By Brandon Moseley
Alabama Political Reporter
On Wednesday, February 10, the Alabama Senate Finance & Taxation Education Committee held a public hearing on Senate Bill 90, which is sponsored by Committee Chairman Arthur Orr (R-Decatur).
This bill would provide an income tax credit of $1,000 to an employer, for each qualified apprentice of an employer, and would also cap the cumulative tax credits allowed at $3,000,000 for the first two tax years following the passage of the bill, and $5,000,000 for each tax year thereafter. This bill would also require the Workforce Development Division of the Department of Commerce to provide an annual report to certain legislative committees, regarding the effectiveness of the program.
The State Director of the National Federation of Independent Businesses, Rosemary Elebash, spoke in favor of the bill. Director Elebash said, “I have heard from my members about the lack of a skilled workforce. Senator Arthur Orr went to South Carolina and looked at how they are using apprenticeships.”
Elebash said that it is important to getting young people in the workforce and make them productive early on. The number one job opening in Alabama is for truck drivers. This is a very good idea. It would be good for both small employers and larger employers.
Senator Trip Pittman (R-Montrose) said that this is such a good idea, that maybe we should squeeze all of those incentives to find the money for this.
Sen. Orr said, “This committee reported this out last year.”
Senator Quinton Ross (D) said, “We do a lot of these incentives and need to make sure that they are working.”
Alabama Industrial Development and Training Director Ed Castille said that US Secretary of Labor Thomas Perez is a huge proponent of apprenticeships. He said that this is a third of college without the debt.
State Senator Paul Bussman (R-Cullman) asked about what occupations are targeted for the credit.
Castille said that we are focused on manufacturing, transportation, healthcare, construction, and IT.
Sen. Bussman said, “I have some large concerns about this bill…How long does it take an apprentice to get through the program?”
Castille said, Typically 3 or 4 years.
Sen. Bussman said, “We have no idea how this is going to work and after two years we are going to automatically bump this up to $5 million. The Legislature would have to go back and try to stop it which is harder than me stopping it now.” Bussman suggested making the increase conditional.
Sen. Orr said, “I have no problem with kicking the tires before we bump up the program.”
Sen. Bussman asked who has the control of the program.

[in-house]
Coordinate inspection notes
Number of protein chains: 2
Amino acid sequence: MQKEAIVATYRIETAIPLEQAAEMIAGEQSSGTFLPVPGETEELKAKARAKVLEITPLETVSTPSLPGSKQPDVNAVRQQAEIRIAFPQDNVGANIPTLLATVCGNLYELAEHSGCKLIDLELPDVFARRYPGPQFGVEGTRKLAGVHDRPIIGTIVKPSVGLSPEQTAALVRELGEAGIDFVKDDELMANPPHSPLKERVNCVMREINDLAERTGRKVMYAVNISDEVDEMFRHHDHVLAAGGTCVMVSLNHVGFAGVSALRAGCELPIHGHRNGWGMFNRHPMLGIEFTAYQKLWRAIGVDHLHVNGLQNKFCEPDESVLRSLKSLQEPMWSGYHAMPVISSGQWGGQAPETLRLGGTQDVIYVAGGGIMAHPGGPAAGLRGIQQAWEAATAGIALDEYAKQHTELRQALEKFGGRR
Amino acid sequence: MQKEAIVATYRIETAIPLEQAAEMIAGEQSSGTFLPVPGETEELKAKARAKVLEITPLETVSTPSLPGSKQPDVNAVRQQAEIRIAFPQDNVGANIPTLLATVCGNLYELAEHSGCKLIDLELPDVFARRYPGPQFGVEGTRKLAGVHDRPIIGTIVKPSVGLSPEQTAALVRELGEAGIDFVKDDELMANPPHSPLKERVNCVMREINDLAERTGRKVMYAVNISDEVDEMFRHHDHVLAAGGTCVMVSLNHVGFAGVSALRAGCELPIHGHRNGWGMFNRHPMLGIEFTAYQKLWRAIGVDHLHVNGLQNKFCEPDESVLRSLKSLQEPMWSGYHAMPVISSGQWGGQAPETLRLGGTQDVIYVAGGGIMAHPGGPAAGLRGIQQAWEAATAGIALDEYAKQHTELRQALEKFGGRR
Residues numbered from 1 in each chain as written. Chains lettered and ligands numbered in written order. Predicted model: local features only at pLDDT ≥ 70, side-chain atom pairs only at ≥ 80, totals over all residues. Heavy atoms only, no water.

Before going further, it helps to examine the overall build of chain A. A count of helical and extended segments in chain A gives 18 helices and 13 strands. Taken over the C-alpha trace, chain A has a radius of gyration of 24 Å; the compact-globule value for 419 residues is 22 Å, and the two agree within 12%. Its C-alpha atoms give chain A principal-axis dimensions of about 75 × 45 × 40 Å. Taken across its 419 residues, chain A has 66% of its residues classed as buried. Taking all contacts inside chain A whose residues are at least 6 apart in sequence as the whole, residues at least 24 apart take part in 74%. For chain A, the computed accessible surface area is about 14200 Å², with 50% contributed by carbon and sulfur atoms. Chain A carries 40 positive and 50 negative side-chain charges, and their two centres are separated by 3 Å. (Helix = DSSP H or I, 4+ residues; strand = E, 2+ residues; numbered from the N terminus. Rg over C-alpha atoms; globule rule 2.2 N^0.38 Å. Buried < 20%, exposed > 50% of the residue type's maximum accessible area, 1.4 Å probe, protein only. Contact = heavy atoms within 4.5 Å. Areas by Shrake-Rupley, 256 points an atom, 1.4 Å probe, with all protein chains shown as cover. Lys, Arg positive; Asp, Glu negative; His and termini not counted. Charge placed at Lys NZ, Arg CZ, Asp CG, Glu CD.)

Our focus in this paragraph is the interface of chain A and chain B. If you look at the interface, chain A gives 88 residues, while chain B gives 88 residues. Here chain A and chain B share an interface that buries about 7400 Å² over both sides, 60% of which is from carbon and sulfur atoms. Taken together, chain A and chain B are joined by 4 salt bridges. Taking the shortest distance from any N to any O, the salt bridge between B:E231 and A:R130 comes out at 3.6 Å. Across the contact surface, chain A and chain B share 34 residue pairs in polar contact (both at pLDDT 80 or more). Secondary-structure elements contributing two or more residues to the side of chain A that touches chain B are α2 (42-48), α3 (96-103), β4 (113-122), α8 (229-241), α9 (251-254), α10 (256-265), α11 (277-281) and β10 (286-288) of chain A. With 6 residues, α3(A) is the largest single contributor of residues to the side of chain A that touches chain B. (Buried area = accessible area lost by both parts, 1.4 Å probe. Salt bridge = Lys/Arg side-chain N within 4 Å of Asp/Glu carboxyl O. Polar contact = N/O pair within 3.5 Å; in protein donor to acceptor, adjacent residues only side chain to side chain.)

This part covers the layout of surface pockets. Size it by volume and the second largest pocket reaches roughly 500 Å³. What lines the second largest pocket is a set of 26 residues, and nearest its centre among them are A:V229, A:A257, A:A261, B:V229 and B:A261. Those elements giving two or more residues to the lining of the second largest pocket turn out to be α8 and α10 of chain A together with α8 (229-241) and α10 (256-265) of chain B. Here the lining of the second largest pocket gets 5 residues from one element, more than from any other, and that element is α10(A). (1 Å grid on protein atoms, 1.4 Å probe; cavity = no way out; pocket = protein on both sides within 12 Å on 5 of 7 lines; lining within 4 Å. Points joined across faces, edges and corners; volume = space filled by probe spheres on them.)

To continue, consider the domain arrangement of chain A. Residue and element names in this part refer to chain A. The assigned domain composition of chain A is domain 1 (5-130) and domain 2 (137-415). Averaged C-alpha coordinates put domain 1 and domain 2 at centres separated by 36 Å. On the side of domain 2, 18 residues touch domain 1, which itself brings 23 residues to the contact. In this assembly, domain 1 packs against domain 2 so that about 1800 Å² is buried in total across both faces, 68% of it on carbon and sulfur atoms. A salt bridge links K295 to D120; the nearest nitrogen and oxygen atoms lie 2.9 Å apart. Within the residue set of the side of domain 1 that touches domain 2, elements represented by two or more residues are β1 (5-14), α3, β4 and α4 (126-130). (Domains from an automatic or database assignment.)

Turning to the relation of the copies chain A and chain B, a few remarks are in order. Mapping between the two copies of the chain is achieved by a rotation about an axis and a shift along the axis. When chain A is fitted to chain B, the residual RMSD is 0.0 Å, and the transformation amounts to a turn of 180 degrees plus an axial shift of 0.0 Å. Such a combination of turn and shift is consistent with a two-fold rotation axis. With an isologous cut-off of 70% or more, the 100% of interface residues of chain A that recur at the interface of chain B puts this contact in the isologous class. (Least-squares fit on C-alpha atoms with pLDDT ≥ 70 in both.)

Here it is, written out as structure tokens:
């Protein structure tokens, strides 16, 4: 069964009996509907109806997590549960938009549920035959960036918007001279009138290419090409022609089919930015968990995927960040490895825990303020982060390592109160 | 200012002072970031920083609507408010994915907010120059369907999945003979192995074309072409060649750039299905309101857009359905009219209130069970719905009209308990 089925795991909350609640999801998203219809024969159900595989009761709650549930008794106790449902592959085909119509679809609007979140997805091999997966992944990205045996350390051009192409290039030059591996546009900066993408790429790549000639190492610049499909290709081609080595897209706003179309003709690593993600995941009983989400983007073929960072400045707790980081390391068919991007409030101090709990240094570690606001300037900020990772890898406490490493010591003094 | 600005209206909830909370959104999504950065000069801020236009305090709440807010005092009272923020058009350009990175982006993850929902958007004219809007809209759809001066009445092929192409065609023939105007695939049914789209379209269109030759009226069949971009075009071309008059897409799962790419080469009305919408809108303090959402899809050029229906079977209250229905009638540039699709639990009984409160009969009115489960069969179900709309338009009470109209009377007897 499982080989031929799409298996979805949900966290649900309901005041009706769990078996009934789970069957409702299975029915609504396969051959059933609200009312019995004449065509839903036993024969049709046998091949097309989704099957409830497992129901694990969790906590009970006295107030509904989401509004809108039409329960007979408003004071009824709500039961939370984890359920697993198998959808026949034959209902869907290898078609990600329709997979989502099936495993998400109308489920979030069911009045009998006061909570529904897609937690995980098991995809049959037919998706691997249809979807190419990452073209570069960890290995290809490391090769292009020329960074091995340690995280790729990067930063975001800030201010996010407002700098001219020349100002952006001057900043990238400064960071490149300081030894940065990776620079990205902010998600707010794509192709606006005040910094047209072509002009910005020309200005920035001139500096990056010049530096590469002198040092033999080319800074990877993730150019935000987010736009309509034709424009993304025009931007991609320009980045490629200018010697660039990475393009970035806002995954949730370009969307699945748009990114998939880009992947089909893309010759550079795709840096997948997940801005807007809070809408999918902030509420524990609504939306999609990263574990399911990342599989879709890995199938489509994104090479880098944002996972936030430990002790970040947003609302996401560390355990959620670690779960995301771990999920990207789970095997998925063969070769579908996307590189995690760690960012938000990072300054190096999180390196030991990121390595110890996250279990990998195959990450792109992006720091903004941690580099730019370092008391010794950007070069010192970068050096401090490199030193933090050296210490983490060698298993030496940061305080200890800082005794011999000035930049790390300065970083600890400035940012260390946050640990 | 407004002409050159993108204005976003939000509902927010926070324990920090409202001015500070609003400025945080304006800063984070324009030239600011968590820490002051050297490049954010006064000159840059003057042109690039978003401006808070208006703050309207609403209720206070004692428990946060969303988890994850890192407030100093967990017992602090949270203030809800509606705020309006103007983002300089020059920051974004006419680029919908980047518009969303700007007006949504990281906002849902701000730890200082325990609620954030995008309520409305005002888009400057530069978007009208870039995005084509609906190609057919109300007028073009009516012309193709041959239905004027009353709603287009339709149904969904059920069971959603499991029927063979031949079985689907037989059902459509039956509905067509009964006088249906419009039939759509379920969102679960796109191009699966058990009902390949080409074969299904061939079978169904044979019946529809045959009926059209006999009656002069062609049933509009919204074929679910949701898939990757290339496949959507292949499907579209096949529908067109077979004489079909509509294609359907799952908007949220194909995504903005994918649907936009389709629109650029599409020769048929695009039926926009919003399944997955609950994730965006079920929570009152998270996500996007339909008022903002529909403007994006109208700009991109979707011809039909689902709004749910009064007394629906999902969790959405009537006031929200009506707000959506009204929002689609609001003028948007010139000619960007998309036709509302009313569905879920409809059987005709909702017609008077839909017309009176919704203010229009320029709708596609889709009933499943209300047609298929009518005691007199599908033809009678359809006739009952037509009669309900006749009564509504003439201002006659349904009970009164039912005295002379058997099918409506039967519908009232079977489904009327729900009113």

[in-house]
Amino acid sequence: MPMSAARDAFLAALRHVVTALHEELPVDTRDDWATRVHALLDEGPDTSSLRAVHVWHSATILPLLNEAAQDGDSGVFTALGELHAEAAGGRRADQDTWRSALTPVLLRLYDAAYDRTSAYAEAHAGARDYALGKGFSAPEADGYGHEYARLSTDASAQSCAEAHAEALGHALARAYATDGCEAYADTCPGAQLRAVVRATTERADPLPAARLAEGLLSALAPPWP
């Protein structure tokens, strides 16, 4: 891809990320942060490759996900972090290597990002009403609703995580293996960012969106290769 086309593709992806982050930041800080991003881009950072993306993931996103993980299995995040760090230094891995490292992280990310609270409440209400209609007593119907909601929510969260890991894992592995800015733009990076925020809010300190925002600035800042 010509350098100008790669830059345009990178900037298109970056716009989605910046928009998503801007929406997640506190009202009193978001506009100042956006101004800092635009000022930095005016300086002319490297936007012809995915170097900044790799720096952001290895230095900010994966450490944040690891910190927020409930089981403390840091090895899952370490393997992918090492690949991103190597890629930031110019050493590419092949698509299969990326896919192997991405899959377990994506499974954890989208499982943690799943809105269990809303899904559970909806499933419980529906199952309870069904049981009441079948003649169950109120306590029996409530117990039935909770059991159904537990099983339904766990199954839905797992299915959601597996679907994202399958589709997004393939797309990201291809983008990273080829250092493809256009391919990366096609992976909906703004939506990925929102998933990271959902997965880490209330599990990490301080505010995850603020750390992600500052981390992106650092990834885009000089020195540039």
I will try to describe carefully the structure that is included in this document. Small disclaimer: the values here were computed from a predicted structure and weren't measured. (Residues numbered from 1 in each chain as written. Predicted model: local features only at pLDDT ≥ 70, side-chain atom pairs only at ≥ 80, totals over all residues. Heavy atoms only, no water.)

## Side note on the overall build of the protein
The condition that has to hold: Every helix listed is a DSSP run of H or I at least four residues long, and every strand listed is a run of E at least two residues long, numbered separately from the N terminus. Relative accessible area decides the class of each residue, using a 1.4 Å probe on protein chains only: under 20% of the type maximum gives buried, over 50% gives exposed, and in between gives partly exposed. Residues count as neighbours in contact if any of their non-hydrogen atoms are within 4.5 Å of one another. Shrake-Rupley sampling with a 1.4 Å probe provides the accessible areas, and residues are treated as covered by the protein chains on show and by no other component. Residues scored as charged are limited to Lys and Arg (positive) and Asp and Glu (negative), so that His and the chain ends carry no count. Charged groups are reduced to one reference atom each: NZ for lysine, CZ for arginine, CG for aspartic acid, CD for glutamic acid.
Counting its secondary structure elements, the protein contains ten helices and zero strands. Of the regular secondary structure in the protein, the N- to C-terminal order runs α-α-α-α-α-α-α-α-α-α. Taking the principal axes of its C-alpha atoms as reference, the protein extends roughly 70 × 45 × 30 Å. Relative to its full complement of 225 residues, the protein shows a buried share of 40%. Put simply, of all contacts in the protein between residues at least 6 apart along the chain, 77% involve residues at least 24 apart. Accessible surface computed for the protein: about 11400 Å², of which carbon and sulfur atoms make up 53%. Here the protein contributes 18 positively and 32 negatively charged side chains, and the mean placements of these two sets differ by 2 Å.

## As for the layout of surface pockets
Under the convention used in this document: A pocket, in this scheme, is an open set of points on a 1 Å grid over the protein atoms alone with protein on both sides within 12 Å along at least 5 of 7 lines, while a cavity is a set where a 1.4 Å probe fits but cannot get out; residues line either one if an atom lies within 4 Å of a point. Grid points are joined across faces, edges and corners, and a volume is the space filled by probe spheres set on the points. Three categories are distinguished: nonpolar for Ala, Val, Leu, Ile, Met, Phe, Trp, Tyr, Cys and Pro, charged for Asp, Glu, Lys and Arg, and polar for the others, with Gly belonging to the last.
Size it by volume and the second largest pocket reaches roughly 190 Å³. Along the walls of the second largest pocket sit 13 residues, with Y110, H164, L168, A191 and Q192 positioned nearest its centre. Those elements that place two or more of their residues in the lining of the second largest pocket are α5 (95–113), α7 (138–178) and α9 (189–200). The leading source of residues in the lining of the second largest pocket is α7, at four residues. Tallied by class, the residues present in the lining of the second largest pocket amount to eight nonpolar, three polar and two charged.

Director Castille said, “We will work directly with the Chancellors office of the two year college system. Control of the program technically lies with the company and must follow a structured set of rules which come from the US department of Commerce. The company can do the on the job training. The college does the classroom instruction.”
Sen. Bussman complained, “We have no control of the rules.” Lots of time the rules are not what was the legislative intent…The only other concern I have with this bill is that it is not outcome oriented at all. If I hire five apprentices and they fail out of the program I still get my $5000 deduction. There is no incentive for success. We needs some claw back provision. I worry about the people who rip-off the system.”
Castille said that would be one of our jobs: to manage that program.
State Senator Hank Sanders (D-Selma) asked: “With a $3 million cap: Is this first come first served? The reason that I am concerned is that the larger companies will find out about it and the smaller companies will find out about it and it will be too late for them to participate.”
Castille said that AIDT would get the word out to small businesses with help from Ms. Elebash and the NFIB.
Sen. Orr said that he will drop a bill tomorrow that raises the reporting requirements of all incentives.
Molly Cagle with Manufacture Alabama said, “We are very supportive of this…We hear from our members that if is getting harder and harder to fill those high wage jobs.”
Susan Kennedy with the AEA (Alabama Education Association) said, “I just wanted to point out that there are some tweaks that the legislature could use to replenish the education trust fund. For example, if you buy a Coca~Cola from a vending machine, there is a different sales tax rate than if you bought that drink from the store. Something like that might be a way to pay for some of these programs.”
The committee gave a favorable report to the bill. The bill will head next to the full Senate.